This pillar, or memorial, which Jacob anointed with oil, later became one of the major themes throughout the Scriptures. For example, Genesis 49:24 refers to “the stone of Israel Jacob).” Later, in many places such as in Psalm 62:2, God is called “the Rock of my salvation.” The term “Christ” simply means “anointed one,” Thus, by strictest definition, when Jacob/Israel prophetically anointed (or, encristed) the stone, he made it a symbol of Christ, Who is truly “the Rock of our salvation.”
Jacob also proclaimed this stone to be “God’s House” in Genesis 28:22. In the same way, Jesus Christ and His Body of Christians (little Christs) make up the whole of the Church, which is God’s House. In the record of John, Day 3, Simon was given a new name, Cephas in Aramaic, and Petros in Greek. Both names mean “a stone.” when Peter made his confession that “Thou art the Christ, the Son of the Living God,” Jesus said in reply: “Thou art Peter, and upon this rock I will build my church; and the gates of hell shall not prevail against it.” (Matthew 16:18)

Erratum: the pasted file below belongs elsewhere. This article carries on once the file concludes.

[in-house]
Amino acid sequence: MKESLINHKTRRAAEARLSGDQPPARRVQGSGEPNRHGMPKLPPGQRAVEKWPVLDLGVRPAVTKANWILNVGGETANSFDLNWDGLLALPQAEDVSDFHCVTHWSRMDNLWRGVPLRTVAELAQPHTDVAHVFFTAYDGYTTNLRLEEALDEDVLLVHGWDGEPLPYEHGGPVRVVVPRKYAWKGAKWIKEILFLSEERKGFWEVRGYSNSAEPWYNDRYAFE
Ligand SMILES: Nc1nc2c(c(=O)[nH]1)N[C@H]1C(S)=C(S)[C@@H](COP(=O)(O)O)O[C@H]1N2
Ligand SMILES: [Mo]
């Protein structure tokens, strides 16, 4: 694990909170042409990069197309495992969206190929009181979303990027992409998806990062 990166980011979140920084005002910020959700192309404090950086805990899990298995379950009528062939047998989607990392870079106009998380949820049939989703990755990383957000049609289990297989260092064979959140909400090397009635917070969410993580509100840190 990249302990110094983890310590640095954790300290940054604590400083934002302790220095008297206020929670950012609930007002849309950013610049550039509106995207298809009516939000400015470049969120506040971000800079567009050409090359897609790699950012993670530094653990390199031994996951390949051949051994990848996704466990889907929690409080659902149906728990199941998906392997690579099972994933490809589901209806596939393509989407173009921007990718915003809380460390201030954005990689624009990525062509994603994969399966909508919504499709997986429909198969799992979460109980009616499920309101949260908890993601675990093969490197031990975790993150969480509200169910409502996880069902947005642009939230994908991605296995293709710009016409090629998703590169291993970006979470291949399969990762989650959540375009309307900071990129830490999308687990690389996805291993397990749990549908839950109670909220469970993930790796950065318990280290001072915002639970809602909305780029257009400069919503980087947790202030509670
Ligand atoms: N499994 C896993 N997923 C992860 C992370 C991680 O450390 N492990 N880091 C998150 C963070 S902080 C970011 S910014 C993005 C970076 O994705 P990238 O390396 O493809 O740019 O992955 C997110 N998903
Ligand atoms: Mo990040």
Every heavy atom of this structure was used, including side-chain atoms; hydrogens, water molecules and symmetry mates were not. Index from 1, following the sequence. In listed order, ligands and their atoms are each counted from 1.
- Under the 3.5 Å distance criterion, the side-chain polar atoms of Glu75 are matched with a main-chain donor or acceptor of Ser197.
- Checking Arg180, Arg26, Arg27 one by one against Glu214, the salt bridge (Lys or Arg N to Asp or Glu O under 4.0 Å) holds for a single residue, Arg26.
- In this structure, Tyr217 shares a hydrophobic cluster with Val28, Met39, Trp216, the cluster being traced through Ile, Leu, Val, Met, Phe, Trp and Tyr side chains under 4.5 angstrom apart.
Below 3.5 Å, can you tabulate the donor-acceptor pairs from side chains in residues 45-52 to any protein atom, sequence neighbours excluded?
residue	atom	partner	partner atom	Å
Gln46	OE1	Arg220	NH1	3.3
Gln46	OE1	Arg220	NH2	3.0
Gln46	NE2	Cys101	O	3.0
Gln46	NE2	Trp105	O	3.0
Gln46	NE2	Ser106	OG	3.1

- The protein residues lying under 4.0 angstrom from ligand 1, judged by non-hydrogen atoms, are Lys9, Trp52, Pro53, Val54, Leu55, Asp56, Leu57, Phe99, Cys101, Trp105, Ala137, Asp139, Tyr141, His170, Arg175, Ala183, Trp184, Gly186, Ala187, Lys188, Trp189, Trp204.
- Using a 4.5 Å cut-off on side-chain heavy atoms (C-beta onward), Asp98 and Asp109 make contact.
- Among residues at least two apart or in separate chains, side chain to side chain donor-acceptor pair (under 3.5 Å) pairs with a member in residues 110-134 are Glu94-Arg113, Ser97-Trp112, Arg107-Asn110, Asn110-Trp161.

We learn from Genesis that the stone Jacob anointed was located at “the gate of heaven.” Now Jesus tells us that “the gates of hell” would not be able to over come His Church; Bethel, the House of God, the body of people in whom Christ dwells. And this anointed “stone,” the confession of Faith that Jesus Christ is the Son of the Living God, is that which is set up as a pillar, or memorial, in the hearts of every true believer, every Bethel where He dwells. The Stone theme appears again at the end of this third day during the time of David. When it comes time to build the temple, it is said: “The stone which the builders refused is become the head stone of the corner. This is the Lord’s doing, and it is marvelous in our eyes.” (Psalm 118:22-23)